Luz Rivas, DIY Girls

Luz Rivas

“I was concerned,” Rivas tells TechCrunch. “I think it’s important for me because my family doesn’t have a lot of money to cover me if something were to happen. I think that’s very common for some Latinas.”

Latinos have historically had one of the highest uninsured rates in the country, for example, and in some states more than 25 percent of adult women do not have health insurance.

For women entrepreneurs, healthcare is an important part of the decision to take the startup plunge — but it’s just one factor, said Shaherose Charania, CEO and Co-Founder of Women 2.0, which works to promote women in technology.

Charania said healthcare access is a huge building block to entrepreneurship, and the ACA is one step towards removing that barrier for women and minorities, but also people with pre-existing conditions. The wider availability of health insurance may not necessarily create a huge wave of change for women, she said — but it will be a positive change for everyone.

One big change the ACA makes that’s particularly pertinent to women is that one of the 10 essential health benefits every insurance plan must now cover is maternity care. Although gender and ethnic data is not available, thus far in California’s insurance exchange, health insurance applications for 777,000 people were started between October 1 and November 30; with an additional 144,146 applications the first week of December.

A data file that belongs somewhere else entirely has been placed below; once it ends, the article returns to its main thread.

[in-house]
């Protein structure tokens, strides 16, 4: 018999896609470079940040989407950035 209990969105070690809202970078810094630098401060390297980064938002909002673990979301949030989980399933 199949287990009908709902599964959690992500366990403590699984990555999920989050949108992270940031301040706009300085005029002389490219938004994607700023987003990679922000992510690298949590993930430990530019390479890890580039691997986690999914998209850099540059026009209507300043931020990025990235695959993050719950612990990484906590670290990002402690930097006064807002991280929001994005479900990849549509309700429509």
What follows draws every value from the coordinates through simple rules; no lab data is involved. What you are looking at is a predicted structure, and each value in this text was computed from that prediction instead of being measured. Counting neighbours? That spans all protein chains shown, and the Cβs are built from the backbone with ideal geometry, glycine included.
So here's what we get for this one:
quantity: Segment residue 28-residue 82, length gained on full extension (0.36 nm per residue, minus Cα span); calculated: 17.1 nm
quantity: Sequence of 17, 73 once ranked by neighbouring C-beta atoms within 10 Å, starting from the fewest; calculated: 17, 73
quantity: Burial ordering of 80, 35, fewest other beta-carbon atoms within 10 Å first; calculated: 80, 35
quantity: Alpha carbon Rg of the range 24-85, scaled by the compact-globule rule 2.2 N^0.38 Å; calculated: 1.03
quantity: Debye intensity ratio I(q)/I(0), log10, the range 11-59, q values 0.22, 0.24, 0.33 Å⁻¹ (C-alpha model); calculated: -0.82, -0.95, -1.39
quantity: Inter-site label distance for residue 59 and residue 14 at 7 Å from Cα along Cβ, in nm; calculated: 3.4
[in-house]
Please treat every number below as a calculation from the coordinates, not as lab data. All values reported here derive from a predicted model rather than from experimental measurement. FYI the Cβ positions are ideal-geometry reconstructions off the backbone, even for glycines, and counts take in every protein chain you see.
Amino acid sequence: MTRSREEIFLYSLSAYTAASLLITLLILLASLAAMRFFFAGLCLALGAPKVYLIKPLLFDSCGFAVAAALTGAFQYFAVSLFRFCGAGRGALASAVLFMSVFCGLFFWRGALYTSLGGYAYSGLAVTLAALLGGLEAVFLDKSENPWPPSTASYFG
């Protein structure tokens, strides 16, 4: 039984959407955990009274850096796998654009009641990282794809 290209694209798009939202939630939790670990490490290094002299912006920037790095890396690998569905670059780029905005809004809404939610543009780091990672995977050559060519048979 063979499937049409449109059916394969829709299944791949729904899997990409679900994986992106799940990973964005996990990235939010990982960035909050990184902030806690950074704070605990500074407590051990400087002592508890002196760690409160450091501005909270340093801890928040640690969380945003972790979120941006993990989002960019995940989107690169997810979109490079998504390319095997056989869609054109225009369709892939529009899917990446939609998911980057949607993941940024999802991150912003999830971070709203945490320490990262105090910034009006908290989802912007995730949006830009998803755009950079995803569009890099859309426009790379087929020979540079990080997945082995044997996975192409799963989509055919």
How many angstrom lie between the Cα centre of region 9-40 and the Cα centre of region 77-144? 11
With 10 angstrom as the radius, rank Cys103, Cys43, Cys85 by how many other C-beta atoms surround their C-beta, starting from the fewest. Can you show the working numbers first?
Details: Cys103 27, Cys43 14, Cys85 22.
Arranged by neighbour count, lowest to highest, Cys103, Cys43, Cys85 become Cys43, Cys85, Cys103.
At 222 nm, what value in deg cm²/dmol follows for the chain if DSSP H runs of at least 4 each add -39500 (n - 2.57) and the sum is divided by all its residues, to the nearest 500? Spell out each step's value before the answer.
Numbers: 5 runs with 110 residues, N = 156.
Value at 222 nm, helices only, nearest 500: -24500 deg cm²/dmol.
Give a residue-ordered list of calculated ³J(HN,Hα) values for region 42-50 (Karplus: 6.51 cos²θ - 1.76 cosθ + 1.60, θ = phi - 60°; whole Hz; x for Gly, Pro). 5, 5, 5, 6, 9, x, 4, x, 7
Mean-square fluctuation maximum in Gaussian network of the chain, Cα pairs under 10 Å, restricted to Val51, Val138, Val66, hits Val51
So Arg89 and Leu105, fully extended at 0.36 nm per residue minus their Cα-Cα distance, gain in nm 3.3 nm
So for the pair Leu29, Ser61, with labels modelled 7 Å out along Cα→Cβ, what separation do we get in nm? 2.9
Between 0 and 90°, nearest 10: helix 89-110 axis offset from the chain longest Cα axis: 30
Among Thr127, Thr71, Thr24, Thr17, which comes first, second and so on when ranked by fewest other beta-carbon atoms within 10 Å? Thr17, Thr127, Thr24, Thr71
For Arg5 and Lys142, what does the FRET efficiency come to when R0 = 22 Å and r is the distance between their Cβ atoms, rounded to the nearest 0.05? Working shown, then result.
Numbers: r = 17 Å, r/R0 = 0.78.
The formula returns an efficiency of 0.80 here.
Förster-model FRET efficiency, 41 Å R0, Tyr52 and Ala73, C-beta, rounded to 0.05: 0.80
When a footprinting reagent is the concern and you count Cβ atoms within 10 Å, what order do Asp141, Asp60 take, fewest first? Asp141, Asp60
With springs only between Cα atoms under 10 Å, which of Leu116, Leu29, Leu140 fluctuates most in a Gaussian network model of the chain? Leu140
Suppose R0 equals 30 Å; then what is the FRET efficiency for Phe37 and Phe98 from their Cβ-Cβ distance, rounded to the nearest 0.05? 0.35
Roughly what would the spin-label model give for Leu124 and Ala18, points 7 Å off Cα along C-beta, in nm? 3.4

These plans will be available to people who make 400 percent above the poverty level or less, which is about $45,000 a year for an individual, according to Sarah Sol an information officer for the state’s insurance exchange, Covered California.

aca table croppedTo date, startups and entrepreneurs have dealt with the health insurance issue in a few different ways. Some have purchased individual plans, which for women may not have included maternity care in the event of a pregnancy (post-Obamacare, some of these individual plans may become more expensive). Others have opted to bite the bullet and pay high monthly fees for insurance plans that will cover them. Finally, a popular and unfortunate decision for some entrepreneurs, especially those who are bootstrapping, is to simply make do without it.

“I haven’t had health insurance in quite some time. It just came down to money: money in, money out,” said Jesse Martinez, co-founder of the Latino Startup Alliance. “It’s in the back of your mind — ‘What if something happens?’ Most entrepreneurs are doing that. If you can get by without it, people will, that’s the risk that they take.”

Those interviewed by TechCrunch could not make a definitive statement as to whether the ACA would push more minorities and women to pursue entrepreneurship, but the general consensus is that removing barriers like health insurance certainly wouldn’t hurt.

Jesse Martinez

Jesse Martinez

Patricia Martinez founded the women’s mobile health platform Healthgauge, and believes the ACA is opening the door to more market disruption and innovation by removing the barrier of health insurance, and allowing people to become self-employed more easily.

“A large number of women and Latino entrepreneurs and small business owners are parents and or possess pre-existing conditions,” she said, noting this is in great contrast to the idea of the young, white male entrepreneur.

“The ACA is removing this barrier for working mothers, Latinos with pre-existing diseases, and giving them the opportunity to join the rest of the startup community.”